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Study: Majority of children unable to distinguish real guns from toy guns

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Holly Korschun

Only 41 percent of children in a recent study could distinguish the real gun (right) from the toy gun (left).

A new research study found that a majority of children could not tell the difference between a real gun and a toy gun when presented with comparison photos. In contrast, a majority of parents, caregivers, and the children themselves were confident their children could distinguish between real and toy guns. The researchers also found that, in the study group, fewer than half of the parents and caregivers who were firearm owners stored their guns safely as recommended by the American Academy of Pediatrics (AAP).

The study abstract, “A comparison of parental firearm storage patterns and children’s access to firearms,” will be presented Monday, Nov. 5 at the AAP 2018 National Conference & Exhibition in Orlando, Fla., by Kiesha Fraser Doh, MD, assistant professor of pediatrics and emergency medicine physician at Emory University School of Medicine.

Fraser Doh and her colleagues surveyed 297 caregiver-child pairs visiting one of three pediatric emergency departments – two suburban and one urban – in the southeastern United States over a three-month period in 2017. Gun owners represented 25 percent of respondents, and they were significantly more likely to be white, have an annual income of greater than $50,000, and have some college education, compared to non-gun owners. Gun owners also were more likely to allow their child to play with toy guns (50 percent, compared with 26 percent of non-gun owners).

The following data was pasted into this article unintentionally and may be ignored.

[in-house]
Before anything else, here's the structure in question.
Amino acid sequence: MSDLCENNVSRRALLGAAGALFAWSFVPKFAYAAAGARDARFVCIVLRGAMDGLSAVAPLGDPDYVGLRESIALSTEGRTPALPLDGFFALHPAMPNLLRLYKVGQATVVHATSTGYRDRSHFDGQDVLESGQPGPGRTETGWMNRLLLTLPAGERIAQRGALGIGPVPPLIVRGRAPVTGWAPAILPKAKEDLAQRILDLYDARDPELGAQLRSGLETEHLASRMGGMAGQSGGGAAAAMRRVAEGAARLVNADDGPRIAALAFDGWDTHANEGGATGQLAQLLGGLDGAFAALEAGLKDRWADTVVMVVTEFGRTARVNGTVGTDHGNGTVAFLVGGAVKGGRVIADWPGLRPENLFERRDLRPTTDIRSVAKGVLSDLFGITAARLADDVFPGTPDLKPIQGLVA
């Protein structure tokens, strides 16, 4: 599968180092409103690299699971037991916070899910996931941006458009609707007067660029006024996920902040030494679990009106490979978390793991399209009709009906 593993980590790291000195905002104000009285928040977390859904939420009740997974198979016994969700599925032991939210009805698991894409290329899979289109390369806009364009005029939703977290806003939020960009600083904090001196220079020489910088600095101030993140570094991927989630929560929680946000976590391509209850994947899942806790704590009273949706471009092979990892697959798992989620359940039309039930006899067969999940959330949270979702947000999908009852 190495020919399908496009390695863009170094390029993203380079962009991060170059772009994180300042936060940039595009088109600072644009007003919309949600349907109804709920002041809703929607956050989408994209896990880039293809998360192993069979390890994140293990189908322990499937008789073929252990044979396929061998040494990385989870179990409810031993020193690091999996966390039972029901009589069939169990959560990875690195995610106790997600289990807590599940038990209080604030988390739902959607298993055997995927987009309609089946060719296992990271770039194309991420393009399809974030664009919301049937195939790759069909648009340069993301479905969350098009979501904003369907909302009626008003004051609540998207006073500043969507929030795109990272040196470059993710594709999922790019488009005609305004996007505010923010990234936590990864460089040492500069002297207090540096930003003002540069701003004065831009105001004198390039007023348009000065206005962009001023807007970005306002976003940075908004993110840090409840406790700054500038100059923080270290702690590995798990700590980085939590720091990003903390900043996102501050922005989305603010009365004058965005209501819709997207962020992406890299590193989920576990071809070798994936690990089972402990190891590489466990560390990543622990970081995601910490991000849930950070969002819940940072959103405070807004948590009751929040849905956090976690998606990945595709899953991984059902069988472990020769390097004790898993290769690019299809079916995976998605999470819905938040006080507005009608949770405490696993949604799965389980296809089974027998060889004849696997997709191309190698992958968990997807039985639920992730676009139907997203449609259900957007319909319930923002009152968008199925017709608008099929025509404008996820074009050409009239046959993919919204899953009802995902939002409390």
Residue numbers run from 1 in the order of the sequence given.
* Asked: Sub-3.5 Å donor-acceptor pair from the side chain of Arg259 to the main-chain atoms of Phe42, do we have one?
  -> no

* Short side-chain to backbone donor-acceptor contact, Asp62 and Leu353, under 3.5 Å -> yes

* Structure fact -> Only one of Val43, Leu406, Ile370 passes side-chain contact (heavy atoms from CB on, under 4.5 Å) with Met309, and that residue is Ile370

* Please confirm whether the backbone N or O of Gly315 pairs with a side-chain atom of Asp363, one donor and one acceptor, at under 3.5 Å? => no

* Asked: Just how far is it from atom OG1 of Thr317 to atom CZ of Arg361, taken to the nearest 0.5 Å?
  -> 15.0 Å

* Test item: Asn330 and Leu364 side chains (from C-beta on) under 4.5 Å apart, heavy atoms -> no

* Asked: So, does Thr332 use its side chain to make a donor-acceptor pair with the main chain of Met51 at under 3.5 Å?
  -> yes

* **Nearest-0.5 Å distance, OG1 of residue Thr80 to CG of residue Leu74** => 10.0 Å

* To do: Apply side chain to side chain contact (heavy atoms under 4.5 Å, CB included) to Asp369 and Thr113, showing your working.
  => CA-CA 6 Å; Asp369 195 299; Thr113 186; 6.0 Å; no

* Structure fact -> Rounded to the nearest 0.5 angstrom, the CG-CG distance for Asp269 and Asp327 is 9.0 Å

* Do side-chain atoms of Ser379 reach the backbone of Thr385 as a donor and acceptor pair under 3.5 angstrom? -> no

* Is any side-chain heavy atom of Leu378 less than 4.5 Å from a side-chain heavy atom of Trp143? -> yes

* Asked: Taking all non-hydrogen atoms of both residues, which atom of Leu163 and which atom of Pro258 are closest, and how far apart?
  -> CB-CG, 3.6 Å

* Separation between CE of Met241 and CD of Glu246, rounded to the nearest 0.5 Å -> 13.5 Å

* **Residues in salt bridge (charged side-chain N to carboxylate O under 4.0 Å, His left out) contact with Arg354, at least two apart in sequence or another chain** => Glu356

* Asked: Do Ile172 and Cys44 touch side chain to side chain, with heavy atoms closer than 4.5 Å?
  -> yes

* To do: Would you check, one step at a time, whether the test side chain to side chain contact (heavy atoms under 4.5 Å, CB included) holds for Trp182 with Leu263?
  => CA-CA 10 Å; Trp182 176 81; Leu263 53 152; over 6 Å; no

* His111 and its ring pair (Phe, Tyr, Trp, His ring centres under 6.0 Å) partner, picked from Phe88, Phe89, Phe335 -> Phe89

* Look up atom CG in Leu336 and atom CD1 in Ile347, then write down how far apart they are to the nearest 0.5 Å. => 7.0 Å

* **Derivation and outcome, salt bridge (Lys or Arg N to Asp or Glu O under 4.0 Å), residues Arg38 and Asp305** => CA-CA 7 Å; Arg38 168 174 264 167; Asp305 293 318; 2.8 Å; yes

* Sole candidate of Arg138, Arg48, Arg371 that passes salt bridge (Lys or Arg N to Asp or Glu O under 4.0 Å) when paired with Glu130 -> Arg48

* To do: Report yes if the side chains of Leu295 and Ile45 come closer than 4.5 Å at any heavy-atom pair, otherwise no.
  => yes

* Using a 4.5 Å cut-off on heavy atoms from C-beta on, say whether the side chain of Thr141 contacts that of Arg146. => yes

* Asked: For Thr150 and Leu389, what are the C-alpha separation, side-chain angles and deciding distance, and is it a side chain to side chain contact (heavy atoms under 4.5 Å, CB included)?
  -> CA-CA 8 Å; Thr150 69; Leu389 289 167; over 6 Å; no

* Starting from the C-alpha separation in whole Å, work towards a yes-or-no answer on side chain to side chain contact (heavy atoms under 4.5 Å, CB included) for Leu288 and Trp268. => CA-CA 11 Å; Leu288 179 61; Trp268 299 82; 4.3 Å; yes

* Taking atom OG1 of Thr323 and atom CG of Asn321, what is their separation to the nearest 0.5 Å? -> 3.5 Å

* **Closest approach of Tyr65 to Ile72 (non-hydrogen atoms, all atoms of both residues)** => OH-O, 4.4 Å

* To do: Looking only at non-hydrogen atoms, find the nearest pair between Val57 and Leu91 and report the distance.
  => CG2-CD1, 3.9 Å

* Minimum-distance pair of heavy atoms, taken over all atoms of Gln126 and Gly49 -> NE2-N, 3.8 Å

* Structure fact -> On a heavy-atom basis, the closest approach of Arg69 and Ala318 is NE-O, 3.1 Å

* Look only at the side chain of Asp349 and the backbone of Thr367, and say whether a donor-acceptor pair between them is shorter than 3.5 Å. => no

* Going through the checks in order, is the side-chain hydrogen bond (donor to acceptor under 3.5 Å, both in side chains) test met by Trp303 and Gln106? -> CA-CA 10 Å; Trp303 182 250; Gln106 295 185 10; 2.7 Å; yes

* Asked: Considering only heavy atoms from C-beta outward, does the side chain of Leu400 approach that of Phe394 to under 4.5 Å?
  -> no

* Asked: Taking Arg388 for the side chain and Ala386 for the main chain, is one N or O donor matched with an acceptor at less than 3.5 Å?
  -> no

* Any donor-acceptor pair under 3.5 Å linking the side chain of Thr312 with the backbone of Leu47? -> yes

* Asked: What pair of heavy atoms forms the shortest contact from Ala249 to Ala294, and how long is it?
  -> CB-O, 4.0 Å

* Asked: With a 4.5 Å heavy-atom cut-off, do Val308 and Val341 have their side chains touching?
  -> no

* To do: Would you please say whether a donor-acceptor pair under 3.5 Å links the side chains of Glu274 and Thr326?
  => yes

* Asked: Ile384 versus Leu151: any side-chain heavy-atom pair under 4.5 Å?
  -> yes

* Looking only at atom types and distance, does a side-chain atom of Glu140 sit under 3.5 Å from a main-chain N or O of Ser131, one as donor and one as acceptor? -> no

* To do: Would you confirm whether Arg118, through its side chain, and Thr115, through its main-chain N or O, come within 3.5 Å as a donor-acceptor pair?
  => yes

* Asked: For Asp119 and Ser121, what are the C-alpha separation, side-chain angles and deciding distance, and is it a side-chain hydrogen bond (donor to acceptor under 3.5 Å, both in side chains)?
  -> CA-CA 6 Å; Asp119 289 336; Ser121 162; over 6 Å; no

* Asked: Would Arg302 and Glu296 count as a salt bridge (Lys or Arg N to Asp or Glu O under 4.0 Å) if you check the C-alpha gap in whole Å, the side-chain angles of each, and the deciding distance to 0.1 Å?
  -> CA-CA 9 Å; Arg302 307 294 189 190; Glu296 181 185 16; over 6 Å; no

When shown side-by-side photos of actual and fake firearms, only 41 percent of children between ages 7 and 17 years old correctly identified the real gun. In addition to asking about toy guns, the researchers asked the caregivers how easily they thought their child could access a real gun. Few caregivers (five percent, overall) felt their child could obtain a gun within 24 hours. However, the study found that 14 percent of children whose caregivers were gun owners and four percent of children whose caregivers were non-gun owners said they could access a gun within a day.

Among the study’s firearm owners, only 47 percent stored their gun locked, unloaded, and separate from ammunition as recommended by the AAP. Among children who reported having a gun in the home, 53 percent knew where it was stored and 45 percent knew where ammunition was stored.

“One of the most dramatic findings was how easily caregivers and children can confuse real guns with today’s realistic-looking toy guns,” says Fraser Doh. “Especially considering gun owners surveyed were nearly twice as likely as non-gun owners to let their children play with toy guns, safe storage of firearms in homes where children play is critical.”

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